New hardwood finish feels different from old one

chris_cwodNovember 30, 2012

We recently had the oak floors on our main level refinished. We went with a natural (clear) finish, so that the floors would match our stairs and upstairs rooms, and because we have dark furniture so we thought this would contrast well and lighten it up. We basically said to our hardwood flooring company "can you make our refinished floors look like this" and they said yes. They used a Bona water-based satin finish (not sure exactly which one).

Overall I'm pleased with how they turned out, but there are a couple things I'm unsure about:

1. Now that I see the entire downstairs in this light color, it looks a little cold compared to our warm cabinet tones. Granted, the furniture isn't put back yet, so that will break it up, but will the color warm up a bit with time?

2. When I walk on the floors and feel them, they just feel so "matte" (that's the only word I can think of to describe it). Our floors upstairs have a water-based Bona finish as well, but they seem a little more slippery or something. Like you can slide your feet across them more easily. But the upstairs definitely doesn't have a gloss finish, so I'm not exactly sure why they feel different. I prefer the slightly more smooth/slippery finish, and I'm wondering why the downstairs isn't like that. At first I thought it was just all the dust from the remodel, but I've vacuumed and cleaned them, and it still doesn't feel as nice. It feels kind of like there isn't much of a finish on it at all (even though I know they put on 2-3 coats).

Any opinions or advice on this? I have a tendency to second guess big decisions immediately after until I get used to them, so maybe in a month I won't even notice this stuff. But right now I'm starting to worry that it's not what we want.

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rwiegand

The finish will continue to cure and harden for several weeks, you may want to give it a little time before worrying too much. You can buff some wax onto it for more slip and shine after it's fully cured (You must be young to want slipperier floors!)

I know nothing about color (just ask my wife!)

    Bookmark   December 1, 2012 at 8:43AM
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gregmills_gw

For the love of god do not put wax over a newly refinished floor.
If your refinishers used a bona product it will take two weeks to fully cure.

As far as the smoothnesd difference between the old and new. When was the last time the old floors were refinished? If they havent been refinished for a while it may have oil based poly. That can have a different feel than a water bourne urethane.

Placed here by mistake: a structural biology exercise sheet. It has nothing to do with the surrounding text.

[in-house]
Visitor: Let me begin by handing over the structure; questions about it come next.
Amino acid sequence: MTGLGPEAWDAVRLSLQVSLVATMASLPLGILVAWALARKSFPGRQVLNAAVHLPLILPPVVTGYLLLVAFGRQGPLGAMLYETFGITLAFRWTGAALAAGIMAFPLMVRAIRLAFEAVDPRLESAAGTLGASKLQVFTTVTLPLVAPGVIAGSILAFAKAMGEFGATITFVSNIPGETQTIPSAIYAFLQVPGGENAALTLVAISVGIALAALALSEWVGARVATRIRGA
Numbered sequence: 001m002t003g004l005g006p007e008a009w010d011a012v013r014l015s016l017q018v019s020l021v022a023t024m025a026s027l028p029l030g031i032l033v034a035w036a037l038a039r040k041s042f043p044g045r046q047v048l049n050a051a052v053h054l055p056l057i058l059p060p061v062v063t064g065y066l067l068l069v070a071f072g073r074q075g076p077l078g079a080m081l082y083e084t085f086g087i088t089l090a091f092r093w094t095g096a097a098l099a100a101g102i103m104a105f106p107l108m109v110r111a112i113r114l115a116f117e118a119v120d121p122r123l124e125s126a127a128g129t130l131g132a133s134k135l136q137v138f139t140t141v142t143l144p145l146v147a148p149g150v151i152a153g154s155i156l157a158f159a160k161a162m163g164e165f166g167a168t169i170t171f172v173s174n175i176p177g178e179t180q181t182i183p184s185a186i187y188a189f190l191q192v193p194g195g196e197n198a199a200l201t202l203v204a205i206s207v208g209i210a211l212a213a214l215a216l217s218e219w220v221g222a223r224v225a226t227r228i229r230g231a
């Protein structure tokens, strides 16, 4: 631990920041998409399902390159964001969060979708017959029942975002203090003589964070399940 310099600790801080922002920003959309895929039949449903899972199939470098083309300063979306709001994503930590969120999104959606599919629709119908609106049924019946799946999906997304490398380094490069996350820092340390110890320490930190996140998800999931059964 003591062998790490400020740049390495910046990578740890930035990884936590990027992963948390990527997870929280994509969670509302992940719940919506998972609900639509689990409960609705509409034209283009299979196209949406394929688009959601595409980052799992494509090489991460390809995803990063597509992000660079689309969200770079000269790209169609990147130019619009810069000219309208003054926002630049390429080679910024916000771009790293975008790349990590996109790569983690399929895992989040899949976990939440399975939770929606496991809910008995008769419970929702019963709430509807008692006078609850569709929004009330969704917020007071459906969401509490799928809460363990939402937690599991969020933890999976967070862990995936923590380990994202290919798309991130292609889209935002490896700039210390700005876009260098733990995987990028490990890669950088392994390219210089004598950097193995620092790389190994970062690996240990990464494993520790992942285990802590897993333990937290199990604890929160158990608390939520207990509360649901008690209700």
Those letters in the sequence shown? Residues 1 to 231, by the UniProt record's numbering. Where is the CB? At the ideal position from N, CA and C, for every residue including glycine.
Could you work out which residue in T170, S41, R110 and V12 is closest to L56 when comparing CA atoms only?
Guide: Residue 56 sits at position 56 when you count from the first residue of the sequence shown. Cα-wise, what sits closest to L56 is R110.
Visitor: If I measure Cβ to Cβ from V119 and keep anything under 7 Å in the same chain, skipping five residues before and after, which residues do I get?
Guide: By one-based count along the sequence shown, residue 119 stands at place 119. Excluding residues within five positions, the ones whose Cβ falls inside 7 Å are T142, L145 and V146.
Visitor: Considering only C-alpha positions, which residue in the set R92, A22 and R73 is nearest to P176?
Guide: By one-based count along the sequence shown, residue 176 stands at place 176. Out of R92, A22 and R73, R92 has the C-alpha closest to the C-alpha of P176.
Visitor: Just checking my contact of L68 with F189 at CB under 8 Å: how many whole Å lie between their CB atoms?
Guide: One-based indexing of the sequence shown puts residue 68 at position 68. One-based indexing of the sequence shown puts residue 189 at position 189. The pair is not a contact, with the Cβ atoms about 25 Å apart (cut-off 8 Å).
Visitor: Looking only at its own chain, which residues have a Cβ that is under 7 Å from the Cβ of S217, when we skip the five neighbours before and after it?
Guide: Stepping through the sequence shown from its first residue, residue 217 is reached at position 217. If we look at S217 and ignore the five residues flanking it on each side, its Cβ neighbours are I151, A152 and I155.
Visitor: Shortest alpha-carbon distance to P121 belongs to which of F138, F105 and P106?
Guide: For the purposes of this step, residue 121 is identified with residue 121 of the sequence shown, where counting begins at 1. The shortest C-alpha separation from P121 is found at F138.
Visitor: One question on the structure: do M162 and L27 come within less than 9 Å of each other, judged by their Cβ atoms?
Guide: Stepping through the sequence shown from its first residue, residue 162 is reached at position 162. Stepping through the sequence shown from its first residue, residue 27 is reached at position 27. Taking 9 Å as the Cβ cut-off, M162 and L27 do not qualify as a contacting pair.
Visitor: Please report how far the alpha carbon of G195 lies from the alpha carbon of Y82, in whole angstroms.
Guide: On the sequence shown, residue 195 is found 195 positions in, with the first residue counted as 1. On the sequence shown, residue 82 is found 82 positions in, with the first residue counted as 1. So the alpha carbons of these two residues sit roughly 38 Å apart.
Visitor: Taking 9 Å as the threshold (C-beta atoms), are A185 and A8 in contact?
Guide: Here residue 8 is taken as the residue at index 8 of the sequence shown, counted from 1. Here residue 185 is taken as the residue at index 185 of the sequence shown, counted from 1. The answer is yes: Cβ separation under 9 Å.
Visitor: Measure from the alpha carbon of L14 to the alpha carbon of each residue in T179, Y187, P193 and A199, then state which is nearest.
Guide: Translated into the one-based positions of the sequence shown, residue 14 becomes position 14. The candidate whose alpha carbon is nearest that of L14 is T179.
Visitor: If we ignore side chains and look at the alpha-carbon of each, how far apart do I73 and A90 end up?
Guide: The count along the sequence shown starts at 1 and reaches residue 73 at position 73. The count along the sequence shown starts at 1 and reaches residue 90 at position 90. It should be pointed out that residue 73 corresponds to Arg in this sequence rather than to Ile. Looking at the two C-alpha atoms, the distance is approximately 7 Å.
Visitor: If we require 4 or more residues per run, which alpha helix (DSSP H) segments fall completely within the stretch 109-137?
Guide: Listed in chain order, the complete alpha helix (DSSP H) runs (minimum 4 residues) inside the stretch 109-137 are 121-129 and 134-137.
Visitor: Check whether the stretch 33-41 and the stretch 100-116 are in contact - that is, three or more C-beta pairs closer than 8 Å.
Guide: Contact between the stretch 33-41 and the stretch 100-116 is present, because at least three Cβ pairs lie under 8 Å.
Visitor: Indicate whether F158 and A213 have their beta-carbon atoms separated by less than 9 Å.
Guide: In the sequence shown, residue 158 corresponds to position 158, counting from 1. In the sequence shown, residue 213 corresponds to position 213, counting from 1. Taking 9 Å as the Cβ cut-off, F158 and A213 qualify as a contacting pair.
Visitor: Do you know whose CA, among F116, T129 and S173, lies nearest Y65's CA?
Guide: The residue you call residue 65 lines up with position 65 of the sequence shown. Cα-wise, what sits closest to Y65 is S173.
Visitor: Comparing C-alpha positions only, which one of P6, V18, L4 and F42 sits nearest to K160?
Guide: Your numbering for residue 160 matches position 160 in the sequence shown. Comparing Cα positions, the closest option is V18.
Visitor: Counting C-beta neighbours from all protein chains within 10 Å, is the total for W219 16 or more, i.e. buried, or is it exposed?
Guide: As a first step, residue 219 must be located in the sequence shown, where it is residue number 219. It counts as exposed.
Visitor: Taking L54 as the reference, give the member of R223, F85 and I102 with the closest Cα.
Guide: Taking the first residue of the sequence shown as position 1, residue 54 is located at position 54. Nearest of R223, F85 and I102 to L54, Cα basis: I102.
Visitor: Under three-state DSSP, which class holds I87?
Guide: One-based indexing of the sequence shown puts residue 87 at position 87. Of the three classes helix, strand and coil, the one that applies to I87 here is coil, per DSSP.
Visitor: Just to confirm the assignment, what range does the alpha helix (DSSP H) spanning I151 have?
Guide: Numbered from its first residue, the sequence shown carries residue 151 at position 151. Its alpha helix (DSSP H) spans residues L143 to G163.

Another thing that can help would be adding another coat to the fresh floors.
One thing you could do is have the floor guys add another coat to a cubby or a closet to see if adding another coat would make the difference you are looking for.

    Bookmark   December 1, 2012 at 10:47PM
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chris_cwod

Thanks for your input! The old floors were refinished when we moved in about 5 years ago, so it's definitely water-based. Maybe I'll have have the floor guys do a test on a closet to see about another coat - that's a good idea, thanks!

    Bookmark   December 2, 2012 at 1:50PM
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SparklingWater

Did your floor finisher but Bona sealer between the natural floor and the Bona finish? Bona polyurethane waterborne finish (learned the hard way myself with Pacific Strong) seep some in to freshly re-sanded wood and a sealer first may build up a layer to prevent this loss. Three coats of finish definitely may not be enough depending on your wood and circumstances. Proper drying times count too. Bona finish comes in 'matte' just so you know.

Better a remedy now than later! Good luck to you.

    Bookmark   December 2, 2012 at 6:45PM
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rwiegand

sorry-- didn't mean to suggest wax on an uncured floor! That's only a possibility for 6-12 months down the line.

    Bookmark   December 3, 2012 at 1:20PM
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glennsfc

No no no! As gregmills already mentioned...you don't wax polyurethane finished floors, no matter when they were done. The wax can be a contaminant that can make successive refinishing very difficult. Of course, if you are never going to refinish a floor, then a sacrificial coat of wax won't matter.

    Bookmark   December 3, 2012 at 10:59PM
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gregmills_gw

Just to add another note. While putting wax on this floor may give a desired result in the short time. As Glennfc pointed refinishing is such a headache not to mention could cost you more to have it removed.

Now even if you didnt have it refinished and just had the wax. The upkeep is not worth the hassle. In a few short months the wax will dull and require buffing. Which means clearing out furniture. Then eventually you will have to add another coat of wax. And to do so properly will be removing the old wax. (Have you ever done that? It sucks)

Cleaning is a choir. There is a reason many many many smart chemists have developed our current urethanes to avoid the drawbacks of waxing wood floors.

    Bookmark   December 4, 2012 at 12:57AM
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